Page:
The volume of solids in the wastewater: Households with more toilets or households that more frequently use garbage disposals tend to fill up the septic tank faster.
Amount of wastewater generated: The volume of wastewater that goes into the septic tank affects the speed at which the tank fills up.
Septic tank size: Larger tanks have more capacity for solid sludge and will not need pumping as frequently.
The best way to get an estimate for how frequently you will need your septic tank pumped is to schedule an appointment with us.
When you get a septic tank pumped, the septic service professional will arrive with a large tanker truck with vacuum equipment. The technician will insert the hose into the septic tank through the manhole after the cover has been removed. The truck’s equipment will suck out the contents of the sept tank into the back of the truck.
There are several proactive measures that can be taken to maximize the efficiency of your septic system and reduce the frequency with which pumping is necessary:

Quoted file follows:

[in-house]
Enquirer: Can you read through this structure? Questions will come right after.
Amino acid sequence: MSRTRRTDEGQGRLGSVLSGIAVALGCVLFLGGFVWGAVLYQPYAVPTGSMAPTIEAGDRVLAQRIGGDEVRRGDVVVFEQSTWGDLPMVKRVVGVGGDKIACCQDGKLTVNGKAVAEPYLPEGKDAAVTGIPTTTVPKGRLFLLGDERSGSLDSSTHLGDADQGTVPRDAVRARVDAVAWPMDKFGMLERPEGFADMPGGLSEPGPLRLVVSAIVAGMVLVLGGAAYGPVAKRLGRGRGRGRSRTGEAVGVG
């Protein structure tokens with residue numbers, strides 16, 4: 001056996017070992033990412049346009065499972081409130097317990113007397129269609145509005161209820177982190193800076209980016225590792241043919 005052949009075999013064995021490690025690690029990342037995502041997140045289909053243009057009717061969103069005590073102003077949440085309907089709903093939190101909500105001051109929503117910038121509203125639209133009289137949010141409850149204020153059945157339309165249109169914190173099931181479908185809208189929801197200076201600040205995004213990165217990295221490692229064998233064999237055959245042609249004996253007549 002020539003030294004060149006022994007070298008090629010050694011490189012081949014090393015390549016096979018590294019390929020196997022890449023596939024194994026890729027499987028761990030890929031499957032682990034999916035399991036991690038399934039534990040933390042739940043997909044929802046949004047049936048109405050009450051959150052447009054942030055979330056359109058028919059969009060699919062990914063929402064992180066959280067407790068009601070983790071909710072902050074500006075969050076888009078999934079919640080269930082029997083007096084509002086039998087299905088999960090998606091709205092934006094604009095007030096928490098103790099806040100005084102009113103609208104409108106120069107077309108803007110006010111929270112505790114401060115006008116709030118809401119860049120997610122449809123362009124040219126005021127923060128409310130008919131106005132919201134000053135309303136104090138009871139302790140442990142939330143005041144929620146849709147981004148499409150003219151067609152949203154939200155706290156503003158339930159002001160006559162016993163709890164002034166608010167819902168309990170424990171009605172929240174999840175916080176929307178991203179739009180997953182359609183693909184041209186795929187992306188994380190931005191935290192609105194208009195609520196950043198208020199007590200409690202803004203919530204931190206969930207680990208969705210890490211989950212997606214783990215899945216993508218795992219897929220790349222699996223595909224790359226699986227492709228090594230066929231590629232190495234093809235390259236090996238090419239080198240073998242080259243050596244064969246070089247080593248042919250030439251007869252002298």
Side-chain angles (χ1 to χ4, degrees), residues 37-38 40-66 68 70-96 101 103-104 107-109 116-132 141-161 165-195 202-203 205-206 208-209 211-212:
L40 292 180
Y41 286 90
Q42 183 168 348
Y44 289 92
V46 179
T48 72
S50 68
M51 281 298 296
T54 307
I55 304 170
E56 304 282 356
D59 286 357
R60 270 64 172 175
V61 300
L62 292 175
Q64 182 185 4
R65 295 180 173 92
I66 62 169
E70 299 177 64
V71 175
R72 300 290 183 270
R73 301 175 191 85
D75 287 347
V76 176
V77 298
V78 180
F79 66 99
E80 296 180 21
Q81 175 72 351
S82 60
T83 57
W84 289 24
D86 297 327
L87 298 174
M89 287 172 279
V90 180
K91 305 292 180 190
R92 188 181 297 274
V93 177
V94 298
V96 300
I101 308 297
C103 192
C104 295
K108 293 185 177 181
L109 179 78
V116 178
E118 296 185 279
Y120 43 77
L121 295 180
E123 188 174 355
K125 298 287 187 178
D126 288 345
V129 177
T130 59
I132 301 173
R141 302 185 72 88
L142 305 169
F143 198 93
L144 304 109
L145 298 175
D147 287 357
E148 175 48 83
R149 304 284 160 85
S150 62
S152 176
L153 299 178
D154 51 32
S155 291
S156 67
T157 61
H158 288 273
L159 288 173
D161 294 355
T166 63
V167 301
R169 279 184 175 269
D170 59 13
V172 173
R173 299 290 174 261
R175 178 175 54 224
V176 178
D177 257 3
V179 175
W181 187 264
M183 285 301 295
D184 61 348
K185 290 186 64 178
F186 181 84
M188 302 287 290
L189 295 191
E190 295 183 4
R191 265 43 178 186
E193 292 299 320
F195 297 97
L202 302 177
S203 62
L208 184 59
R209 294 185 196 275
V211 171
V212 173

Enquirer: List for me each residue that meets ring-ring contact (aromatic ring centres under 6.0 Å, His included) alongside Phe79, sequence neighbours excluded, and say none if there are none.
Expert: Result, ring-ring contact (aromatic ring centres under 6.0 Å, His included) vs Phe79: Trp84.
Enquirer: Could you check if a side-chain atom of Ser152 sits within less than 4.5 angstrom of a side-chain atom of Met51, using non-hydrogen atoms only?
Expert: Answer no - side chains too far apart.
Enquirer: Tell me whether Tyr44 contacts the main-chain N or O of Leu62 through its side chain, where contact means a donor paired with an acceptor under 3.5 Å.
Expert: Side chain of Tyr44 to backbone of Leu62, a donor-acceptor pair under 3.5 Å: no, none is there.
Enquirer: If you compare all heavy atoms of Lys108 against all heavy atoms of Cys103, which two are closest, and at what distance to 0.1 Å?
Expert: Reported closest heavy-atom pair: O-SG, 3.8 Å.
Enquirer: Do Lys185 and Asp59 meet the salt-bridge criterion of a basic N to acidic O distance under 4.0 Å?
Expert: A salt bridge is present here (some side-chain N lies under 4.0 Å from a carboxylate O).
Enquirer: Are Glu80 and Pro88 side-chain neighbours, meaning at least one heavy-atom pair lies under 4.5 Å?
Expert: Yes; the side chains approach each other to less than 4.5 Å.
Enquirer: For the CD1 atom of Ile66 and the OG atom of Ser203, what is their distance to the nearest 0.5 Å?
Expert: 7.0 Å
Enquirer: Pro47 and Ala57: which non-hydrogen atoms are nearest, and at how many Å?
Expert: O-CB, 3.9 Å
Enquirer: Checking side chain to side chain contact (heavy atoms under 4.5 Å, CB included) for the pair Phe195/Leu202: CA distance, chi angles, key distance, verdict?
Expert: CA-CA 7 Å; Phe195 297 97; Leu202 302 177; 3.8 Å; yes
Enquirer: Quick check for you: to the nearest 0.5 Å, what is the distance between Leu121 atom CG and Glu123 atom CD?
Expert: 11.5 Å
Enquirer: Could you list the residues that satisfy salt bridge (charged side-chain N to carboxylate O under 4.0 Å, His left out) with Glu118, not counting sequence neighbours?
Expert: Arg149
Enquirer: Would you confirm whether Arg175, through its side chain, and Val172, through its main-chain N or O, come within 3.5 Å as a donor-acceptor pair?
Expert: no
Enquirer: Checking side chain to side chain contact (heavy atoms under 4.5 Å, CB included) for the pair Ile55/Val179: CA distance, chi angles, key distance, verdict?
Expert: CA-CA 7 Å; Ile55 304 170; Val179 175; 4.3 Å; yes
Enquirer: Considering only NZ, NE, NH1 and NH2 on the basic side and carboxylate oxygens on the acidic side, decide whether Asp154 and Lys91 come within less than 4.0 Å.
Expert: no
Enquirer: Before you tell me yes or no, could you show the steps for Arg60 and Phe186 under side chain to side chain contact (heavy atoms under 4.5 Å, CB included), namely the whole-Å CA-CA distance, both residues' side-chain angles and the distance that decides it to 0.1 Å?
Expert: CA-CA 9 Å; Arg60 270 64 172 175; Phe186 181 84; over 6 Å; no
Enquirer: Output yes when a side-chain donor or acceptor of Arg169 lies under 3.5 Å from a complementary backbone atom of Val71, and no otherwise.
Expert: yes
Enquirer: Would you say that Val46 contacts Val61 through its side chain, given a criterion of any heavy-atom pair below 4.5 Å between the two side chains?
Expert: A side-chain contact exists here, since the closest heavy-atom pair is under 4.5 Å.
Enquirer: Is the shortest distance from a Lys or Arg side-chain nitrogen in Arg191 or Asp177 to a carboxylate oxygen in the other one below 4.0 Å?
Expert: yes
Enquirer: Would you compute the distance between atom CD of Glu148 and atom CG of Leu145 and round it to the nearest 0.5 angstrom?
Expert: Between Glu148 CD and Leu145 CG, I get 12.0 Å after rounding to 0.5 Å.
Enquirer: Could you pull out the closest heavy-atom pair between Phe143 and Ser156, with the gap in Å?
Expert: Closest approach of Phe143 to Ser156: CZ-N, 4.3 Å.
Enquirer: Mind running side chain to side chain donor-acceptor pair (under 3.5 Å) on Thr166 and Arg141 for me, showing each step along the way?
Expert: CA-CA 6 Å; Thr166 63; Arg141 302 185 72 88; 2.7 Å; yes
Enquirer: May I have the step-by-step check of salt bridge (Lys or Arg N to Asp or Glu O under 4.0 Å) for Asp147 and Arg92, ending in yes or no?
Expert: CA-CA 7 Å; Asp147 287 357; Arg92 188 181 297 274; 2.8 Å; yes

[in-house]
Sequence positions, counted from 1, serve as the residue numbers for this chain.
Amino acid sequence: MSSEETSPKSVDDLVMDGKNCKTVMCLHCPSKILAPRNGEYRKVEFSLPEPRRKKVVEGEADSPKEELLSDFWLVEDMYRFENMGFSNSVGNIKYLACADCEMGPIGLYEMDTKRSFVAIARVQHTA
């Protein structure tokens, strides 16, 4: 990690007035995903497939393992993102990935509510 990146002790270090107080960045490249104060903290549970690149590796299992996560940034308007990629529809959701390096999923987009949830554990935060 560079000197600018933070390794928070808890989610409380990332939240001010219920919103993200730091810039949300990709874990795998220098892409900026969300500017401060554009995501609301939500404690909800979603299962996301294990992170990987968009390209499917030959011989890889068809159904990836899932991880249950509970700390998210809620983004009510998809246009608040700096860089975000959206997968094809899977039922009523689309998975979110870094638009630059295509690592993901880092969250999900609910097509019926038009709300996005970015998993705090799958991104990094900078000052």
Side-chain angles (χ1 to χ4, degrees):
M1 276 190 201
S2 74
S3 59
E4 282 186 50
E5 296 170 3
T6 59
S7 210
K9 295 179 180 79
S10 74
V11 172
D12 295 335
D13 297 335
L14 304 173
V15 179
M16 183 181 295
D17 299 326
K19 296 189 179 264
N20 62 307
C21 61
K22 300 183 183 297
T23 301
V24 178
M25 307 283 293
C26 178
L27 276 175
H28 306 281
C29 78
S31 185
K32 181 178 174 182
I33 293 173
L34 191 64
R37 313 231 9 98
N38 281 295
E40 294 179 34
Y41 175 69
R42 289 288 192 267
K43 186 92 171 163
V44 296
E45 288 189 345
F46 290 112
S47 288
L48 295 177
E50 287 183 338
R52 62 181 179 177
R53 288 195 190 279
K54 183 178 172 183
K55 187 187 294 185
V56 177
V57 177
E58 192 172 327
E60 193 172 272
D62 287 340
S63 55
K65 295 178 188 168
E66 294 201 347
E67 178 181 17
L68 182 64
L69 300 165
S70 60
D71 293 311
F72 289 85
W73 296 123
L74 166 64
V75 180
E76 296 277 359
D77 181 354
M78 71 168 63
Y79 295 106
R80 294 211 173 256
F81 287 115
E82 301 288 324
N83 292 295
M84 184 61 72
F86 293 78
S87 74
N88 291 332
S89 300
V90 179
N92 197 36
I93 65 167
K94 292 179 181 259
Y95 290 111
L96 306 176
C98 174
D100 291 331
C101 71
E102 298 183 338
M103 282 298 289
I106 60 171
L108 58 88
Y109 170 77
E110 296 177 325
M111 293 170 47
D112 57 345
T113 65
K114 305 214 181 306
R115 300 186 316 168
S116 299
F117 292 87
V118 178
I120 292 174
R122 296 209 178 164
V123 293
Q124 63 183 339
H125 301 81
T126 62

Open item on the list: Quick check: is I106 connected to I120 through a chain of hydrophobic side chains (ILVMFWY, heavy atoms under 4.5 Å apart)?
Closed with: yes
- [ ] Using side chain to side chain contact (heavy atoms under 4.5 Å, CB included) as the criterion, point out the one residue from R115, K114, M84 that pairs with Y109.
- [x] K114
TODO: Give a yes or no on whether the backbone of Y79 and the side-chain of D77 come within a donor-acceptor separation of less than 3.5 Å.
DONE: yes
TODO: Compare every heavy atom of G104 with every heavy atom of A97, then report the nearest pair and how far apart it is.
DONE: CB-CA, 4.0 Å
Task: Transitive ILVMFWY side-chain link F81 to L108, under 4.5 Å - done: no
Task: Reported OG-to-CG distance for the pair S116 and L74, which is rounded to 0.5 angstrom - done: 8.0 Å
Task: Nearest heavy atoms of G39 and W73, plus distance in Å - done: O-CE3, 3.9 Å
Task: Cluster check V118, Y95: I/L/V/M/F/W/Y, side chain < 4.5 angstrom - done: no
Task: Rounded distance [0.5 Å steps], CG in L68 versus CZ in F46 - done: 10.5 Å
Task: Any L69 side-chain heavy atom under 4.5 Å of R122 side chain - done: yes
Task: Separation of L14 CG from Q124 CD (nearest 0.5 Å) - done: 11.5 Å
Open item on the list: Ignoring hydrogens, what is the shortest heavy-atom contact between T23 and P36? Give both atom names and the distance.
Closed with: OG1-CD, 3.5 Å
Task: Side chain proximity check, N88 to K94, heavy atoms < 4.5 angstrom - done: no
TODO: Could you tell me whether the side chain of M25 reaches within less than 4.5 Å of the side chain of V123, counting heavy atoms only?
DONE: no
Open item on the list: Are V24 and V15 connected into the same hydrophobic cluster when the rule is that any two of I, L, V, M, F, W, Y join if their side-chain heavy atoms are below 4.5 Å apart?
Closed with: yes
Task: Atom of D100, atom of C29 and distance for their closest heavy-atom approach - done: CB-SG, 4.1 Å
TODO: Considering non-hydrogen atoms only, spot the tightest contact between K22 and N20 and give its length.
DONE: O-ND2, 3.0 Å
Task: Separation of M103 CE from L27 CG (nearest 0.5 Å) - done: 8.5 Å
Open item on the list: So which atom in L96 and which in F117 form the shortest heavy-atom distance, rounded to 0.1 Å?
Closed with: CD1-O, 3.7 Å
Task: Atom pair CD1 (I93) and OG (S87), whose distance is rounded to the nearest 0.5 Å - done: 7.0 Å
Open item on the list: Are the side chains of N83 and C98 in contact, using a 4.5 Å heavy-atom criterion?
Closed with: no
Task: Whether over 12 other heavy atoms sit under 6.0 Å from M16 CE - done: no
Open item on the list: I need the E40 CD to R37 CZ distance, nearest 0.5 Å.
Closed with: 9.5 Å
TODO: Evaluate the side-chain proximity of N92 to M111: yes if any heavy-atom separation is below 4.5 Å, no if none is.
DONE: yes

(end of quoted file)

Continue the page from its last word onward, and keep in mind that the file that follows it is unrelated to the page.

Decrease water usage: Investing in high-efficiency, water-saving faucets and toilets can help to greatly reduce the amount of water passing through your septic system. In addition, repairing leaks soon after you discover them helps to reduce the overuse of water.
Decrease solid wastes: To ensure your septic system continues to work properly, you should monitor the solid waste that enters it. Trash that is either washed or flushed down the toilet can encumber the septic system. Avoid flushing anything but toilet paper down the toilet and using a garbage disposal that puts food waste into the septic system.
Don’t drain hot tubs into the system: This can put unnecessary strain on the septic system. Instead, drain the water from swimming pools and hot tubs into the yard away from the drain field.
Direct rainwater away from the drain field: Downspouts and landscape grading often funnel water into the septic system and can interfere with the system’s ability to disperse water.